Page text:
North Korea and Russia are still trying to hack some of the world's most prominent coronavirus vaccine researchers, cybersecurity researchers said Friday.
Tom Burt, Microsoft vice president of customer security and trust, wrote in a blog post Friday that government hackers from both countries have in recent months targeted "seven prominent companies directly involved in researching vaccines and treatments for COVID-19" around the world.
Most of those have vaccines already in clinical trials. In at least some unspecified instances, they successfully breached their target, he said. It wasn't immediately clear how serious those intrusions were, and a Microsoft spokesperson declined to elaborate.
Nation-state hackers started targeting vaccine researchers almost as soon as the pandemic started. But Microsoft's visibility into hackers is some of the most significant in the world, given the worldwide use of its products. North Korea and Russia have recently gone after major researchers and pharmaceutical companies in Canada, France, India, South Korea and the U.S., he said.
Usually, the hackers' efforts start with basic entry tools, either by sending targeted phishing emails, like fake job recruitment offers, or by "password spray," where they automate systems to try to guess passwords.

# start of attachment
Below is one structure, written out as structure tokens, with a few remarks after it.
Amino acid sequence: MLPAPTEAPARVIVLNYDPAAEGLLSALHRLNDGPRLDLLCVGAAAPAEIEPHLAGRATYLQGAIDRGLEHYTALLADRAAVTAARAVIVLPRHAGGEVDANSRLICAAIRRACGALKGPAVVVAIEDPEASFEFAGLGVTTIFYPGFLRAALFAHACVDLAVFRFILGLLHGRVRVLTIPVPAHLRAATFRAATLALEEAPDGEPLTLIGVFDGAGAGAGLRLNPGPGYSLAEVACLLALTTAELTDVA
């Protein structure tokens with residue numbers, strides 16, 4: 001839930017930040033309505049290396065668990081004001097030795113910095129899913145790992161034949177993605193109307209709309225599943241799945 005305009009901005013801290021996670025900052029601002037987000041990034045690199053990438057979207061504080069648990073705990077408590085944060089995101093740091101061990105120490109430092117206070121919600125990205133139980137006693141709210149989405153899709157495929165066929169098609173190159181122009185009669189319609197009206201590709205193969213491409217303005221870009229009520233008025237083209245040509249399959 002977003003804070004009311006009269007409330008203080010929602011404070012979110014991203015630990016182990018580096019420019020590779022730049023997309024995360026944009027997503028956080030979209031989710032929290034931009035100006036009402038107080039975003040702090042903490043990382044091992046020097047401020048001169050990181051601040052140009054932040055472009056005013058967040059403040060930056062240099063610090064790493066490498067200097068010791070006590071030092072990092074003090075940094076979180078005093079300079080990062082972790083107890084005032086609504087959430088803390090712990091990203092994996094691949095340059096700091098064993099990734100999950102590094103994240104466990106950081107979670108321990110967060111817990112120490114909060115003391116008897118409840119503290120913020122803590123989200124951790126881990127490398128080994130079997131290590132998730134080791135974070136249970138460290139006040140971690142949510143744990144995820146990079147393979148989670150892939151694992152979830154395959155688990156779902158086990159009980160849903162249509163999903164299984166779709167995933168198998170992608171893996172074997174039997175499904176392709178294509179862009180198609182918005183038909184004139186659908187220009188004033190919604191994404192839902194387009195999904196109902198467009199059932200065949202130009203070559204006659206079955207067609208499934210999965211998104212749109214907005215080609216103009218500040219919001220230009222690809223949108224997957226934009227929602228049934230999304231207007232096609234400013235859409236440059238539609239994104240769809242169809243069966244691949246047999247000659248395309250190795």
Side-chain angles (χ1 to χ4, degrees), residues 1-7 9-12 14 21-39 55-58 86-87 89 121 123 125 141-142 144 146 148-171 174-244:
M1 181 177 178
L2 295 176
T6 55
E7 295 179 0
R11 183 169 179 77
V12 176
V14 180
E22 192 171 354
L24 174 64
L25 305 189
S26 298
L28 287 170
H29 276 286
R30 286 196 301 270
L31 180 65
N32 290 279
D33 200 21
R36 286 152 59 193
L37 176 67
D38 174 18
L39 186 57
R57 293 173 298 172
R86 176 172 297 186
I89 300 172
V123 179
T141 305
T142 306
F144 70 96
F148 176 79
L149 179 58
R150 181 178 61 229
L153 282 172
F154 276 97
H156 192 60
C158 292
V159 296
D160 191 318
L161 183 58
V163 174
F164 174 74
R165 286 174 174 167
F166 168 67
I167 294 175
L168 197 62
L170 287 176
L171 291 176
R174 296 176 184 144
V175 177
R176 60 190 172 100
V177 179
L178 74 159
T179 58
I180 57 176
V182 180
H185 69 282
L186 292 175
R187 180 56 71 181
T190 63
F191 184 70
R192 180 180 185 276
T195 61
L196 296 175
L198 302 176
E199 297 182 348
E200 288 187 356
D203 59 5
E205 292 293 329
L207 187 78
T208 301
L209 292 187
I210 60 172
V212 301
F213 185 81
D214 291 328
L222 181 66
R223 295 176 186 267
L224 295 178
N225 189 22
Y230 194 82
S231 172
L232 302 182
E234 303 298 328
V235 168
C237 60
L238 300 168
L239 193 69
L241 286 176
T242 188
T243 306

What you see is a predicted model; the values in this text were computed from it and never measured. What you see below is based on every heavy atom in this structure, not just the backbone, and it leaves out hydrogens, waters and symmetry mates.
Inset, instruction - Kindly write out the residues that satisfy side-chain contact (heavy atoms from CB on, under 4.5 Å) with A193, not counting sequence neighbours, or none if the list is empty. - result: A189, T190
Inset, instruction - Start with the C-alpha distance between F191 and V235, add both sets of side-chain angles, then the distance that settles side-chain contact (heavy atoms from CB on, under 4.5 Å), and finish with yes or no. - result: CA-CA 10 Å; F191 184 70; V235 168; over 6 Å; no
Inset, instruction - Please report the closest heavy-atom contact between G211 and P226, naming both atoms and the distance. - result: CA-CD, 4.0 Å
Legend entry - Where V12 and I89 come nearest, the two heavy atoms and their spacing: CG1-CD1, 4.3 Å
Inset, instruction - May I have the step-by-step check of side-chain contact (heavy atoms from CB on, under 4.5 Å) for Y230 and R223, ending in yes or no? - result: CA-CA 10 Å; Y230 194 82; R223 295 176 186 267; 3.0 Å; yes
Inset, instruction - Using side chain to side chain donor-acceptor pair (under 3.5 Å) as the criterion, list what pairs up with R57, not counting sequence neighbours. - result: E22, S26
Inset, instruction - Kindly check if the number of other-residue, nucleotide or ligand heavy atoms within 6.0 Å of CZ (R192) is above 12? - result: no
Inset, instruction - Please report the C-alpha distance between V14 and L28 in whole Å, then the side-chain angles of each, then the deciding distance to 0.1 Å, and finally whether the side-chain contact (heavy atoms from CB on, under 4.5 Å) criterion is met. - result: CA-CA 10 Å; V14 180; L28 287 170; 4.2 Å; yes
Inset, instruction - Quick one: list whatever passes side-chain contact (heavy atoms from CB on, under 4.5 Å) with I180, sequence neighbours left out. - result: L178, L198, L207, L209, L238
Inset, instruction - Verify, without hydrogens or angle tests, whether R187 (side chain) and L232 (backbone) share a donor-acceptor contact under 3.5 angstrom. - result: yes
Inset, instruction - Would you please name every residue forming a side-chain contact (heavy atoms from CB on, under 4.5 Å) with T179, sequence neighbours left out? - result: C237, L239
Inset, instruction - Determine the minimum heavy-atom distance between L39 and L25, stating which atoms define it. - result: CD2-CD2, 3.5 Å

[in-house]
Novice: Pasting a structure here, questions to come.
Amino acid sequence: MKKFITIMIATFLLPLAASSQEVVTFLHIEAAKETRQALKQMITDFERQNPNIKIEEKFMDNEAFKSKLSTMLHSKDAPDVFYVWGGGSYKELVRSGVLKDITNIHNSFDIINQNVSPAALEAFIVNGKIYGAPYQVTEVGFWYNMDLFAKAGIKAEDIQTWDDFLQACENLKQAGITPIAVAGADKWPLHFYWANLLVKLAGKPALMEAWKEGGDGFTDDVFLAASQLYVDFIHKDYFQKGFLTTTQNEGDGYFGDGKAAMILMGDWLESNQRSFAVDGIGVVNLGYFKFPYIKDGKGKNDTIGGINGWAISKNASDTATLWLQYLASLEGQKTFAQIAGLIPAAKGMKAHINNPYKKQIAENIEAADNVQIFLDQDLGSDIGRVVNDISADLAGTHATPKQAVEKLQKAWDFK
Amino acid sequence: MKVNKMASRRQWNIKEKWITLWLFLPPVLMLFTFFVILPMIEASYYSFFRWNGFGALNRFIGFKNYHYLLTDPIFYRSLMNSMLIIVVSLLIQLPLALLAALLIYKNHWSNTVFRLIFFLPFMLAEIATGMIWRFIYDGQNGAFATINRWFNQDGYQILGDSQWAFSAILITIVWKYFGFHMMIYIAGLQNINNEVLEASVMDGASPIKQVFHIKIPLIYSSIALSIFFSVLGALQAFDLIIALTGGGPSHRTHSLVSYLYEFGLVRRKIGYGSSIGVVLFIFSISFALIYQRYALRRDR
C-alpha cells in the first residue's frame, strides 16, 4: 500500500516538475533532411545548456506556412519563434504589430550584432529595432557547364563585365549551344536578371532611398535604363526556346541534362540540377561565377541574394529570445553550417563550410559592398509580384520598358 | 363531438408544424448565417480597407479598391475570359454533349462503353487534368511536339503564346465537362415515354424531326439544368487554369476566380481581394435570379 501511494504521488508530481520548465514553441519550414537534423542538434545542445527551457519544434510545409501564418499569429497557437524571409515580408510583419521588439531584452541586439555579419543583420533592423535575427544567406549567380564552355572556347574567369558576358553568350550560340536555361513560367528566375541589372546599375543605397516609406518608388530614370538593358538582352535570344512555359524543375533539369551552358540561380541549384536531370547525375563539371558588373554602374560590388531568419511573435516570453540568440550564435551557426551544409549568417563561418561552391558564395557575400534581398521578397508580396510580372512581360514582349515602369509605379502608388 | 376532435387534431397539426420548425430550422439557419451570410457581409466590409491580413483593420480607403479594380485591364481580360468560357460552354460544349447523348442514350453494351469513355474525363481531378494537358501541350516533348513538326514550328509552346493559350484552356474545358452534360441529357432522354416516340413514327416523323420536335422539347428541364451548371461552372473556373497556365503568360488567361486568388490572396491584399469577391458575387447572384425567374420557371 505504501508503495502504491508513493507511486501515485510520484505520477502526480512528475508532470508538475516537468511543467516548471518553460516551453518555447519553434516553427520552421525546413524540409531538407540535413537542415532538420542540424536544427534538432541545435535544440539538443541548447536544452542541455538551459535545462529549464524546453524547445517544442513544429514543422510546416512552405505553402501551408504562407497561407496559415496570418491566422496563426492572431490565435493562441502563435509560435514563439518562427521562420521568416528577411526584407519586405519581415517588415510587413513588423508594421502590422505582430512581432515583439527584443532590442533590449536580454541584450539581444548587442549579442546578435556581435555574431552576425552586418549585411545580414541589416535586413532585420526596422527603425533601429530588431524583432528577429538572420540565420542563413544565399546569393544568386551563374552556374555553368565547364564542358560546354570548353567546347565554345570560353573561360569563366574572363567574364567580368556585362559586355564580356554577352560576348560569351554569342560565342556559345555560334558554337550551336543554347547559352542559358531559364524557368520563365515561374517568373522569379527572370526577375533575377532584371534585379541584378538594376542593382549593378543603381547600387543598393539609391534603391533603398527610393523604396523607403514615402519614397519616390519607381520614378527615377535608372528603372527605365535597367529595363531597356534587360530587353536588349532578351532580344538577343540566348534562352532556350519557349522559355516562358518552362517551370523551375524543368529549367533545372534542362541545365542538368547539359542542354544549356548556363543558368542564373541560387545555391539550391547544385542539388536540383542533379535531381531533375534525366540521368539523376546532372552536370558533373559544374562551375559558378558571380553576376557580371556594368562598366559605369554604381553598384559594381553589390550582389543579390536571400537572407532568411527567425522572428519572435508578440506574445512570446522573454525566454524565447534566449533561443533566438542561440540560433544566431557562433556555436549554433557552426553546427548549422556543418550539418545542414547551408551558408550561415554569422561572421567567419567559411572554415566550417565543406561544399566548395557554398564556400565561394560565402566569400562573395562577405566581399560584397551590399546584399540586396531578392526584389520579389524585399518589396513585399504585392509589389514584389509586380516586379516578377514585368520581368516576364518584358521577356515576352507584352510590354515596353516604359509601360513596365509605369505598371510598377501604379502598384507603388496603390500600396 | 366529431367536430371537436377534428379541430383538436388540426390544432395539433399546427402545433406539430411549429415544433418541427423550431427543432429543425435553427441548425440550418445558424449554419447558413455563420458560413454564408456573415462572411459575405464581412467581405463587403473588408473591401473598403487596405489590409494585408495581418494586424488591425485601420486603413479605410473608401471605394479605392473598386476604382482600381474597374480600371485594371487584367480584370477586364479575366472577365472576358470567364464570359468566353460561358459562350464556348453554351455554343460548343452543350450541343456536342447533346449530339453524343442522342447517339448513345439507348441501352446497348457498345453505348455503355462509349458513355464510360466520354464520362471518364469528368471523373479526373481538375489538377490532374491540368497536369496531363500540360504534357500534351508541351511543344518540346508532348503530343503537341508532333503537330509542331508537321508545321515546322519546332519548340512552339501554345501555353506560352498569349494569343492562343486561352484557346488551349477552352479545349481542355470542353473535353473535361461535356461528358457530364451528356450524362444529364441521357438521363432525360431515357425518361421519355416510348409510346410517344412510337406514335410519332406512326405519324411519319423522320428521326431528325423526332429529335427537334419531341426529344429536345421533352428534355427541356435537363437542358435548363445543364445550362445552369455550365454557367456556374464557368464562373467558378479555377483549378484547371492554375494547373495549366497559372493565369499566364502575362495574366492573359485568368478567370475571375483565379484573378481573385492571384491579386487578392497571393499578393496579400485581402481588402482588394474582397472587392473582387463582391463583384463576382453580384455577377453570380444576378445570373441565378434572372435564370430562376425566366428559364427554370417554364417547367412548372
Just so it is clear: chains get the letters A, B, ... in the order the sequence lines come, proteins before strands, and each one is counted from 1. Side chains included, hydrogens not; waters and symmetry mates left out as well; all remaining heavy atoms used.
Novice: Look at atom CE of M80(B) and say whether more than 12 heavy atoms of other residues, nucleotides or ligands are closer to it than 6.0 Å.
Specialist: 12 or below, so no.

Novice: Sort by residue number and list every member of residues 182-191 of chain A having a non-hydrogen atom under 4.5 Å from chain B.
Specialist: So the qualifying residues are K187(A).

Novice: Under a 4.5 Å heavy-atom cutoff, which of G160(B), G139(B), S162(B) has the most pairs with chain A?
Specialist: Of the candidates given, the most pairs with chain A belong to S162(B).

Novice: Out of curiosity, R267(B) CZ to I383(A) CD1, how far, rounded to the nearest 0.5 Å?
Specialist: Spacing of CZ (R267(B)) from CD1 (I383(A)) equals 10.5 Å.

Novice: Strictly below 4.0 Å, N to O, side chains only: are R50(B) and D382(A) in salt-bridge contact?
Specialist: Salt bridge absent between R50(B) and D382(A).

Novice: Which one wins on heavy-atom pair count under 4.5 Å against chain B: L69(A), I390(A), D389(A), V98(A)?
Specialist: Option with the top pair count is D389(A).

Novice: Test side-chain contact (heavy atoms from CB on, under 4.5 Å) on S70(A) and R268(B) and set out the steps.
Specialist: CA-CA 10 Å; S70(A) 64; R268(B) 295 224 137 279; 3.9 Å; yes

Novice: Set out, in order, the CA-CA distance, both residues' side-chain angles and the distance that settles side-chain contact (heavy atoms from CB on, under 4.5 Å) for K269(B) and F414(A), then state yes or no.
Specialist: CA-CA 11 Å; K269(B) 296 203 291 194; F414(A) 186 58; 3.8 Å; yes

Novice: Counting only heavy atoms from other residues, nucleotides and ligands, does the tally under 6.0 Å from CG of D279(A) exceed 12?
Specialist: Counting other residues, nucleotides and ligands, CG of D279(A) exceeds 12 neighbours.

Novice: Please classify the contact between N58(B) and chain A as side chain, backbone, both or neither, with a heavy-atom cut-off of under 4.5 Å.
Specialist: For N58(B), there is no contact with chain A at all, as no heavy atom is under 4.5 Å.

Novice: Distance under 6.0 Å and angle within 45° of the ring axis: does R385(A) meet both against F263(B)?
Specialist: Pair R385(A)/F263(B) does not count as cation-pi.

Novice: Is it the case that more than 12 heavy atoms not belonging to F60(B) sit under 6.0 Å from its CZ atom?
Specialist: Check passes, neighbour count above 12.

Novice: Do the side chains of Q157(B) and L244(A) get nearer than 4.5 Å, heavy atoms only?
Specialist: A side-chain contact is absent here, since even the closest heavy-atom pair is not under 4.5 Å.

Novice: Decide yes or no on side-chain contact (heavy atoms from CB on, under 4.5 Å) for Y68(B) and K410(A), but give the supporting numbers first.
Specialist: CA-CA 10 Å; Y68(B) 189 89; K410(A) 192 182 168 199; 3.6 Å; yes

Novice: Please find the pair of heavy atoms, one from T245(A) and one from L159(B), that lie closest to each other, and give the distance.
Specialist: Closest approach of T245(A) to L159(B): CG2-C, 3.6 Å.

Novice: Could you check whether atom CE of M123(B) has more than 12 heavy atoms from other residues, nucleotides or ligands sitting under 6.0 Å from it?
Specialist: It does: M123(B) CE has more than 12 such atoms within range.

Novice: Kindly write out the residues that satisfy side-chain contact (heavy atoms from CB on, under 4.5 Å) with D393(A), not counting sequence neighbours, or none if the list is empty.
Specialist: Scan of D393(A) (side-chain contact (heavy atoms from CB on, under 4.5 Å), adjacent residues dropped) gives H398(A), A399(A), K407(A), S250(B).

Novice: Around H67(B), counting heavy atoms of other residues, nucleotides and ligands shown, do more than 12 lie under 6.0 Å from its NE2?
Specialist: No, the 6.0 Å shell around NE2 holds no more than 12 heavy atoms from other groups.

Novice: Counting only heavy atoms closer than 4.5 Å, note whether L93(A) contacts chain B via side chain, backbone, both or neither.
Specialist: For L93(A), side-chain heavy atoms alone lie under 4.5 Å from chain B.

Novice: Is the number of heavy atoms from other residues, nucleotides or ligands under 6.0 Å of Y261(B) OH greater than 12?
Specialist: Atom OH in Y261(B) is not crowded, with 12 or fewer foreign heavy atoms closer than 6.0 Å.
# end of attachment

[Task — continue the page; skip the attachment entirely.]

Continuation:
Government hackers targeting vaccine research are broadly assumed to be conducting espionage for their own countries' vaccine efforts, rather than hacking to cause deliberate harm to those organizations. But that activity can still hamper that research, said John Hultquist, the director of intelligence analysis at the cybersecurity company Mandiant Solutions.
"North Korean actors have a history of carrying out an intrusion and then carrying out a destructive attack to make the forensic work very difficult. The idea that they could steal some covid-19 research and carry out a destructive attack is pretty serious," he said